Background: SurePal™ is a reusable self-injection system that has been developed to support daily administration of Omnitrope(®) (Sandoz, Kundl, Austria). A questionnaire-based cross-sectional survey was conducted to evaluate acceptability of, and preference for, SurePal™ in pediatric patients who were prescribed treatment with Omnitrope(®) within routine clinical care.

Methods: This multicenter, observational study was incorporated into the ongoing non-interventional PATRO (PAtients TReated with Omnitrope(®)) Children study. Patients (or caregivers) were provided with a questionnaire that included five main topics; attractiveness of the device, training received, using SurePal™, the low drug wastage system, and experience versus other devices used previously (where applicable). Questions were scored on a 5-point scale, with -2 being the worst possible outcome (eg, very hard/very poor) and 2 being the best possible outcome (eg, very easy/excellent).

Results: A total of 186 patients were included in this study (Germany, n=154; UK, n=32). The attractiveness of SurePal™ was rated as excellent/good by 87.1% of patients. Overall, 86.5% of patients found that using their SurePal™ was very easy/easy. Almost all patients (96.2%) found that preparing their SurePal™ for injection was very easy/easy, and 89.2% found that injecting with SurePal™ was very easy/easy. 85.5% of patients recorded that the dose memory function was helpful, and 87.6% that taking their SurePal™ apart after an injection was very easy/easy. Of the 88 patients who recorded that they had used the low drug waste feature, 89.8% found the feature to be helpful. Among pre-treated patients (n=42), 81% recorded that SurePal™ was much better/better than their previously used device.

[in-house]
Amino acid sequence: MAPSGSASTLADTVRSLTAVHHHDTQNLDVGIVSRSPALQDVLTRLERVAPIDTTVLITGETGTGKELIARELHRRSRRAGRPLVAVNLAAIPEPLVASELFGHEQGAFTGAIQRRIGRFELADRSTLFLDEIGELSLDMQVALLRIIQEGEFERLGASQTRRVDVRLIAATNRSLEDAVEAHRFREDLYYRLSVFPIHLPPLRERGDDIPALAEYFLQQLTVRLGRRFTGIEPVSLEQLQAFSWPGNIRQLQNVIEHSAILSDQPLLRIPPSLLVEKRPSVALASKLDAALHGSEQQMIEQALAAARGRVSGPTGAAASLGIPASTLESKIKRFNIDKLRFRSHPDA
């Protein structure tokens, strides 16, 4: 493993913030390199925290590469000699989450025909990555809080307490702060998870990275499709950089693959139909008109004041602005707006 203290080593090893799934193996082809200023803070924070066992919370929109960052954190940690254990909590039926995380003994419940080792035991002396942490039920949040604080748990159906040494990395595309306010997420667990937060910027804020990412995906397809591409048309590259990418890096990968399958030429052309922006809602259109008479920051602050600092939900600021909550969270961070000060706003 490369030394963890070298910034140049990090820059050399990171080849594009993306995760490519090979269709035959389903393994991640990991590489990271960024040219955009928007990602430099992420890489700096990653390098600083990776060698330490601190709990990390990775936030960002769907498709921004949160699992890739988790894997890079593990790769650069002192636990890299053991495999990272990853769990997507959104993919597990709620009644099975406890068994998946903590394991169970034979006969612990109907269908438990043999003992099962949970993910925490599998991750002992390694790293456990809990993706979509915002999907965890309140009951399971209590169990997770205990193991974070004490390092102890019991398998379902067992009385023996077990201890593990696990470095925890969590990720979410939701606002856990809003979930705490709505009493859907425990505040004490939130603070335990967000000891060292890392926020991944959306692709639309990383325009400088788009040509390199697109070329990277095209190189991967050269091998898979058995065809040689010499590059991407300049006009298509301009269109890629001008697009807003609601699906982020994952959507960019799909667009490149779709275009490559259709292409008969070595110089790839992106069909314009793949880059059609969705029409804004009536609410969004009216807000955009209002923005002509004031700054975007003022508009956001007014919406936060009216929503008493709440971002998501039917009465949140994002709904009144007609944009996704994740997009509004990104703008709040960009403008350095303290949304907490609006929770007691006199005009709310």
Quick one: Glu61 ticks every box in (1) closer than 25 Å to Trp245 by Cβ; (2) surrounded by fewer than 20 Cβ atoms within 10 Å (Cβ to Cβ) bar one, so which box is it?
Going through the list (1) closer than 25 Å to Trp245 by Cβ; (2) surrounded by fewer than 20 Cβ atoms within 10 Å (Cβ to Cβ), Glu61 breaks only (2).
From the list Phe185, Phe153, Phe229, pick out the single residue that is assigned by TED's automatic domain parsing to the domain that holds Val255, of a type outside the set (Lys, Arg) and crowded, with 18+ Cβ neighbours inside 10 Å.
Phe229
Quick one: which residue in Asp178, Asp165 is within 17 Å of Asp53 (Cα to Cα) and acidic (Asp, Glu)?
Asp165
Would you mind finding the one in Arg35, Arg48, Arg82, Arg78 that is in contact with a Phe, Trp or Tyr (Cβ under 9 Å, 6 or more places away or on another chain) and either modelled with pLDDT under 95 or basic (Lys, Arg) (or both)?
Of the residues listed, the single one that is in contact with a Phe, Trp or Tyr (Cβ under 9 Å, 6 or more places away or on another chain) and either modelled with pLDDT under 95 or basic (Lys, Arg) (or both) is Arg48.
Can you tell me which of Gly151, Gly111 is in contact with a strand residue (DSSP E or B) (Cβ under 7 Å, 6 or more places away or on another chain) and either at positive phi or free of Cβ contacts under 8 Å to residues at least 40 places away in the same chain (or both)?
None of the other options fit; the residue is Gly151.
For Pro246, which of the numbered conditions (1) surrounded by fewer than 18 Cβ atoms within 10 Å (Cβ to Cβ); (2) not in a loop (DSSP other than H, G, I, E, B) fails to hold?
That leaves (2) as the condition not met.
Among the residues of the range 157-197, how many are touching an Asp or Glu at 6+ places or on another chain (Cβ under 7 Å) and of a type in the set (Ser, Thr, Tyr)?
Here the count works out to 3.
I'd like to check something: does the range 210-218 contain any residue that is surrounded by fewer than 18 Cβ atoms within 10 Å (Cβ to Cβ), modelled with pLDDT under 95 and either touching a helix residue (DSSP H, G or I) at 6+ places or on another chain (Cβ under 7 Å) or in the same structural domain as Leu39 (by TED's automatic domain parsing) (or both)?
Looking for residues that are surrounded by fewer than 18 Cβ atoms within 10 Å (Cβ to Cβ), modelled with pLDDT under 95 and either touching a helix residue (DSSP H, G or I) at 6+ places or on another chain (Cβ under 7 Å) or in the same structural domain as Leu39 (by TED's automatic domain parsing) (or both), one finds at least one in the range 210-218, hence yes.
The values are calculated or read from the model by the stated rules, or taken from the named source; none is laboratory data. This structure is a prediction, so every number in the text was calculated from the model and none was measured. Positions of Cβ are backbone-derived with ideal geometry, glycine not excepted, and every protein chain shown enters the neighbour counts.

Conclusion: This questionnaire-based cross-sectional survey in pediatric patients confirms the ease of use and patient preference for SurePal™, a reusable self-injection system that has been developed to support daily administration of Omnitrope(®).
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http://dx.doi.org/10.2147/MDER.S93209DOI Listing
http://www.ncbi.nlm.nih.gov/pmc/articles/PMC4578482PMC
September 2015

The use of cell-delivered gene therapy for the treatment of HIV/AIDS.

Immunol Res 2010 Dec;48(1-3):84-98

UCLA Department of Microbiology, Immunology and Molecular Genetics, UCLA AIDS Institute, 10940 Wilshire Blvd., Los Angeles, CA 90024-1678, USA.